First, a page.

Fuel Surcharge – During periods of fuel price volatility, bus companies often charge a fuel surcharge to prevent having to change their primary rates (filed and posted) on a daily basis. Bus companies commonly link their fuel surcharge rate with the Department of Energy’s website:http://tonto.eia.doe.gov/oog/info/wohdp/diesel.asp.

Driver Change – for every 10 hours of driving, or 15 hours of stand-by time, law requires 10 consecutive hours of rest. If you plan on driving over 10 hours, an operater change has to be made. Bus Operator changes range from $200 to $900 depending on how far from the departure city the change has to be made.

Local Travel – The amount of local mileage allowed per day once the bus reaches the destination city.

Driver Hotel – Usually the customer books and pays for the operator’s hotel room, but most hotels will comp the operator’s room at no charge when you book several rooms for your group. Ask for someone in group sales at the hotel to ensure the operator’s room is complimentary.

Gratuity – The standard gratuity for trips over the road is 10%.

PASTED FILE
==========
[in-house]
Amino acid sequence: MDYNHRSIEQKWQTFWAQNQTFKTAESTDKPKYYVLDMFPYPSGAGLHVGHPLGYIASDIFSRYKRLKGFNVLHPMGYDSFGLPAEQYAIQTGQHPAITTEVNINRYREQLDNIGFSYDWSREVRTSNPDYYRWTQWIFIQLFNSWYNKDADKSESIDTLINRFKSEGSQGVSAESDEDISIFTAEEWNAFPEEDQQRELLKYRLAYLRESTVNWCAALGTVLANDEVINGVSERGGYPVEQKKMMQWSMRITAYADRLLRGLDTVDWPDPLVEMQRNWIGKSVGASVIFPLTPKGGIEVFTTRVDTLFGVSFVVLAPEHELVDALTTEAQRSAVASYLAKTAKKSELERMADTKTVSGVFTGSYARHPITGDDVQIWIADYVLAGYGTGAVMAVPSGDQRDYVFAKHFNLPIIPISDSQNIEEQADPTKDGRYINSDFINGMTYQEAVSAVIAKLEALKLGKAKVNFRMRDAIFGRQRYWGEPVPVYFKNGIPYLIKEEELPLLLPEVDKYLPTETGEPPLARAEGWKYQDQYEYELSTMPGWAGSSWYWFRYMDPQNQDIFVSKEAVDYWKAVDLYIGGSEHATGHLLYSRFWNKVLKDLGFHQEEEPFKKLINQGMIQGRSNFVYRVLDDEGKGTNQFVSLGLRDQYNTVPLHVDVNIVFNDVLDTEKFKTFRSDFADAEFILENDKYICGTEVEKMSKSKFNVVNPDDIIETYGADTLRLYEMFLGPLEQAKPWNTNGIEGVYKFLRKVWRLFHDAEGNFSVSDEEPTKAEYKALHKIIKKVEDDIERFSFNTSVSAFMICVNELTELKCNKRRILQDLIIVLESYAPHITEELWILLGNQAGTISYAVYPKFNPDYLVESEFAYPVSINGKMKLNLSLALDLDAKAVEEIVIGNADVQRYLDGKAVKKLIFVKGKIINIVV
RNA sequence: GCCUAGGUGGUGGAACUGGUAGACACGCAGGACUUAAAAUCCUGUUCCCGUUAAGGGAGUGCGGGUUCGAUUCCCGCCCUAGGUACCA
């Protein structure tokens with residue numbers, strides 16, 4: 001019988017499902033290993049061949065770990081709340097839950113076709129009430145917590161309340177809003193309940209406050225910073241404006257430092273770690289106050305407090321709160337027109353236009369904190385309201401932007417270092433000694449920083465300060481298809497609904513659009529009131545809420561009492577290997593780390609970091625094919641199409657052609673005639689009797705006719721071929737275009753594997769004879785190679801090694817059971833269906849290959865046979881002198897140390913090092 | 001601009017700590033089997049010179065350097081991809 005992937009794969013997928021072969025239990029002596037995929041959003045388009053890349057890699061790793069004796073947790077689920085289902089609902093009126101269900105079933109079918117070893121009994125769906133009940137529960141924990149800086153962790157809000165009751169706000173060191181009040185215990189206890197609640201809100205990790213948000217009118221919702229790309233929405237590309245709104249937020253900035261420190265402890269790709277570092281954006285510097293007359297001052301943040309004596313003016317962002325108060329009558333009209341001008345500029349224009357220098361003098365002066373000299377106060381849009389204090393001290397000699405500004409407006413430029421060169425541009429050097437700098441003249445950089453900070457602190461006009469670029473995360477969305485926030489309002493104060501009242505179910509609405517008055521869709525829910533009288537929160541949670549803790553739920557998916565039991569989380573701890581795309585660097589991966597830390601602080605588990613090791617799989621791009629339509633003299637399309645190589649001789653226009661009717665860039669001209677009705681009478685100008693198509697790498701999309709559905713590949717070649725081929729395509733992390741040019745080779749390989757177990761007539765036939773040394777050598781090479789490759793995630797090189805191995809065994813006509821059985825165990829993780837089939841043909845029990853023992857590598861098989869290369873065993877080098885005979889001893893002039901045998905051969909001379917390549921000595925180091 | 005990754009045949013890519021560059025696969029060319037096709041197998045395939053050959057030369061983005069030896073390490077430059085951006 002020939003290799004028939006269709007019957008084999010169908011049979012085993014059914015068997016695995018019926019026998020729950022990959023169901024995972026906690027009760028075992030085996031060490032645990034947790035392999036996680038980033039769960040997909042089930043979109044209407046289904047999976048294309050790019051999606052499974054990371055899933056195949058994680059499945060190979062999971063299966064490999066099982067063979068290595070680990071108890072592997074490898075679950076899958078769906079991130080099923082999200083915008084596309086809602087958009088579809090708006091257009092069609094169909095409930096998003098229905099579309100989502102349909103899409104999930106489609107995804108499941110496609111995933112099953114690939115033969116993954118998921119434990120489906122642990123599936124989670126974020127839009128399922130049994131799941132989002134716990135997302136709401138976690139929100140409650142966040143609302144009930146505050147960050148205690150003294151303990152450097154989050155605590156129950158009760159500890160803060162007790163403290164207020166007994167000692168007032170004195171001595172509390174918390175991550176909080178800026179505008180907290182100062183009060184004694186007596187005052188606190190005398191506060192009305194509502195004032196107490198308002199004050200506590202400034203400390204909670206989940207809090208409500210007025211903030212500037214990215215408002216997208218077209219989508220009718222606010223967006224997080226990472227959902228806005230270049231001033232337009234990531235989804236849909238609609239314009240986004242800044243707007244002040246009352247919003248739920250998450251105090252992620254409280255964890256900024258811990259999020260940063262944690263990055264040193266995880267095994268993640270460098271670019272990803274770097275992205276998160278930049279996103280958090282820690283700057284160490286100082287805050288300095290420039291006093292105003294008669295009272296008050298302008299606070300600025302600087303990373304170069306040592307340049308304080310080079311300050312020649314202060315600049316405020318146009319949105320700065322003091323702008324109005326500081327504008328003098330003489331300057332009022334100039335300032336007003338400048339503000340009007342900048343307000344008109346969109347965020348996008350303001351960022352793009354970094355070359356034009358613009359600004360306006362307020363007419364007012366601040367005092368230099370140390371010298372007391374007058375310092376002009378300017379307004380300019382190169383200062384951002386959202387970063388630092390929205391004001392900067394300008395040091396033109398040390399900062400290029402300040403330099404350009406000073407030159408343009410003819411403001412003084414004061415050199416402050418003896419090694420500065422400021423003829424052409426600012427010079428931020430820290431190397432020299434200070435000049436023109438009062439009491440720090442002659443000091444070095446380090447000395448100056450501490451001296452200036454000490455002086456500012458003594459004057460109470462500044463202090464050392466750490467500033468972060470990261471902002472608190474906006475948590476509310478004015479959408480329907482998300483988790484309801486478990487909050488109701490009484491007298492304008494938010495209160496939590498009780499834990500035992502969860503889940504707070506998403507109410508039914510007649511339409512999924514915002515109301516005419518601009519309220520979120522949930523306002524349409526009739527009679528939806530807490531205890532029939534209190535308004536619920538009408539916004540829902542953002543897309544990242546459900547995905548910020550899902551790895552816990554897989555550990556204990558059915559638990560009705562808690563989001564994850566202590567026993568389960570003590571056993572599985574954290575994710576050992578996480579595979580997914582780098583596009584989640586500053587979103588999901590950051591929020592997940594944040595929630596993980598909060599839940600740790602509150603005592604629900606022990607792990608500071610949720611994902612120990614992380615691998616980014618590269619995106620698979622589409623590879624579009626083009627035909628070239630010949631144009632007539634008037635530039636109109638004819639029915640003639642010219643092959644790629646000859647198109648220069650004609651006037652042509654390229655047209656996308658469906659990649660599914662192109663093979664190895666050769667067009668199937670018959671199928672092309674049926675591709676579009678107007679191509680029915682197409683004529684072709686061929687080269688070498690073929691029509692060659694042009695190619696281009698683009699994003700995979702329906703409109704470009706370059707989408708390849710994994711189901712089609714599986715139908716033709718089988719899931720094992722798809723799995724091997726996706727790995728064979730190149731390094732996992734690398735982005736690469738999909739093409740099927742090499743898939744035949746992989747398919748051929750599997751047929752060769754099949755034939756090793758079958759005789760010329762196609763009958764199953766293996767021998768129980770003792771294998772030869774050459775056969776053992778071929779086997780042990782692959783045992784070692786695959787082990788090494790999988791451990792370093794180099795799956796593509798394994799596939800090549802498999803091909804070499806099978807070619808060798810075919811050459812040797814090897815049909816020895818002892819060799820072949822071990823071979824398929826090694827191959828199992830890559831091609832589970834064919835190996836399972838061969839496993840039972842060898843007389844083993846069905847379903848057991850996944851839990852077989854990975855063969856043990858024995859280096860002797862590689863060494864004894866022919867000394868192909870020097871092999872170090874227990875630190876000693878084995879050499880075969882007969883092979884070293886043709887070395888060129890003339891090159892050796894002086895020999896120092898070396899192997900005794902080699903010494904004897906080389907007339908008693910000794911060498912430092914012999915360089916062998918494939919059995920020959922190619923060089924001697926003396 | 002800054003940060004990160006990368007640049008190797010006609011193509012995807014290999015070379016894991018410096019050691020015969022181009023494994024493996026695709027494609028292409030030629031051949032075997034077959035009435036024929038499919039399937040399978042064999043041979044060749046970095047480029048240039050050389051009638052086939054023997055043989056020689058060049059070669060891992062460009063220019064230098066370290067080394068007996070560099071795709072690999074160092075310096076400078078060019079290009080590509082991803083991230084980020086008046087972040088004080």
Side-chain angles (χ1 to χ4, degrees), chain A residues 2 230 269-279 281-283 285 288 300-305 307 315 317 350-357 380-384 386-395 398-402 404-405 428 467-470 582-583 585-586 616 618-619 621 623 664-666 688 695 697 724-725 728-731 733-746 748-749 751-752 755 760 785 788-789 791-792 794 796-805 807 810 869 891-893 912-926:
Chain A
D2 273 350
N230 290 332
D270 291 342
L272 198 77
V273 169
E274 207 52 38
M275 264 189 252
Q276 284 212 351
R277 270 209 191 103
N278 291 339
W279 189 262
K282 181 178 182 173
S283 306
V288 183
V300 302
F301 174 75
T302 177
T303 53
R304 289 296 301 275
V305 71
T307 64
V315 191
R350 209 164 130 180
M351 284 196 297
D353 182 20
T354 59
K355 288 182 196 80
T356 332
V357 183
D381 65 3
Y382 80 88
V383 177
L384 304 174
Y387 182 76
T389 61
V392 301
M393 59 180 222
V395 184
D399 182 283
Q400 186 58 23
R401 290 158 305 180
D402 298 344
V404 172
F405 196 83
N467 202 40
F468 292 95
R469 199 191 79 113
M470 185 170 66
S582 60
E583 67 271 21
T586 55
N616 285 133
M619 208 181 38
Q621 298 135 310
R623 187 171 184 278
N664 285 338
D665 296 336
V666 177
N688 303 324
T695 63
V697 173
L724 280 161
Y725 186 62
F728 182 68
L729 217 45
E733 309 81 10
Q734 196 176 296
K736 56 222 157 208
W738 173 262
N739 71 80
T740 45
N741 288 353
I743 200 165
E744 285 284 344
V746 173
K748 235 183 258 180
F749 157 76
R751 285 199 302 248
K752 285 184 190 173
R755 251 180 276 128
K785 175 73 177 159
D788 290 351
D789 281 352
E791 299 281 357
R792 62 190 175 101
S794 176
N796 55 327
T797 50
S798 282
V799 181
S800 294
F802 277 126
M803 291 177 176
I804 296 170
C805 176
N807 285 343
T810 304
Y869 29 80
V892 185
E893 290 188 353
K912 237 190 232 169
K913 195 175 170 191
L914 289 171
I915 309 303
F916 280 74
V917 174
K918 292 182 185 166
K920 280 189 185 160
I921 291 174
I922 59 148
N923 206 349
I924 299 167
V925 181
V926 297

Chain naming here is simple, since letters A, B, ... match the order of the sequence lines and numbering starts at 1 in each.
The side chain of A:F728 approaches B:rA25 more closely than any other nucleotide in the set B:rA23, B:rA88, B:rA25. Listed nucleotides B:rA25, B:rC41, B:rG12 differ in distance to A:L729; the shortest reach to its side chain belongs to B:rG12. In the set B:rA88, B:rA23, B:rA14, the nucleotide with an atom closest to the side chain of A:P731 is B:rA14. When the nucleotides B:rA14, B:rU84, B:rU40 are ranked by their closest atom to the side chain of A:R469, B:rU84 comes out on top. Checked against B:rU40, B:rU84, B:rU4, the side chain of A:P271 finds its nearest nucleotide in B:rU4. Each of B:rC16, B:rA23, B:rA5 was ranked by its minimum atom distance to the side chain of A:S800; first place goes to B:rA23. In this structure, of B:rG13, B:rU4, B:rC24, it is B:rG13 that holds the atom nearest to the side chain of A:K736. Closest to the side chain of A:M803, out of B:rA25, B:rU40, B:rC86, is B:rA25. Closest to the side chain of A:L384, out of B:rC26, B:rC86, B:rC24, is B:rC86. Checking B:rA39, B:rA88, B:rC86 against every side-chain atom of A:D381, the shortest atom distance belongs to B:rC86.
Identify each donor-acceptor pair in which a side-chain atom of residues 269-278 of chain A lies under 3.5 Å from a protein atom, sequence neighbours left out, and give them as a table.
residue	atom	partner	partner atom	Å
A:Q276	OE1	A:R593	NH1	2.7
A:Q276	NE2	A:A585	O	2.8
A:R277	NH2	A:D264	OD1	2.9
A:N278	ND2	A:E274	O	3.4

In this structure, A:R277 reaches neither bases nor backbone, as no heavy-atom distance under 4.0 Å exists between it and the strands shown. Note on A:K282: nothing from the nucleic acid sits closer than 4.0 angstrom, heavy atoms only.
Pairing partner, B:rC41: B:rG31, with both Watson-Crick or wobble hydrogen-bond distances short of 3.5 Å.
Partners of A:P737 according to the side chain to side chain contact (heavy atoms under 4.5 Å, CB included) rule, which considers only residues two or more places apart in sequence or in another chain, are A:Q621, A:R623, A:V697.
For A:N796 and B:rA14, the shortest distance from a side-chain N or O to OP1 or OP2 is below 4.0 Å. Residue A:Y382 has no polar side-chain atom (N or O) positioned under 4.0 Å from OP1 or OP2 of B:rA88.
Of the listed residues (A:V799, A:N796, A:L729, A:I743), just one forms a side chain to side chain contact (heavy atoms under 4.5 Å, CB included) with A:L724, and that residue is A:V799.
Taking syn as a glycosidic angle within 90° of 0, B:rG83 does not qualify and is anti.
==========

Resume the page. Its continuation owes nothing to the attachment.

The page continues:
Sales Tax – There is no sales tax when chartering a bus in most states (CA has a 1% tax, and OH appx. 7.75%).

Other expenses – Depending on your destination, you may encounter other fees such as bridge tolls or airport taxes, most companies include these in your initial quote, and some have you pay for them as they are incurred.

Charter Bus Safety Regulations

The Department of Transportation (DOT) regulates the charter bus industry. Bus operators are required to carry a current DOT Physical Exam Card, be drug tested under DOT rules and regulations, and maintain a log for miles and hours of service. Coaches are not required by state or federal law to have seatbelts. Some states require that operators be certified for all school sponsored trips, grades 12 and under.

The DOT regulation 395.10 restricts the bus operator’s driving time. There are three parts:

1. 10 Hour Rule. The bus operator cannot drive more than 10 hours following 8 consecutive hours off duty (except in emergencies)

2. 15 Hour Rule. After 15 hours on-duty (driving and non-driving tasks), an operator cannot continue driving until 8 consecutive hours of off-duty time is taken.

3. 70 Hour Rule. On duty time cannot exceed 70 hours for any period of 8 consecutive days.

Bus Industry Slang

Deadhead. – Miles traveled without passengers before the pickup or after a drop off.

Live Miles. – Miles traveled with passengers on board.

Over the road. – Refers to longer trips out of the local area and typically overnight.

Pax. – A written abbreviation for “passengers”.

Pick and Drop. – Bus returns home after dropping passengers off at their destination. The bus does not provide local travel.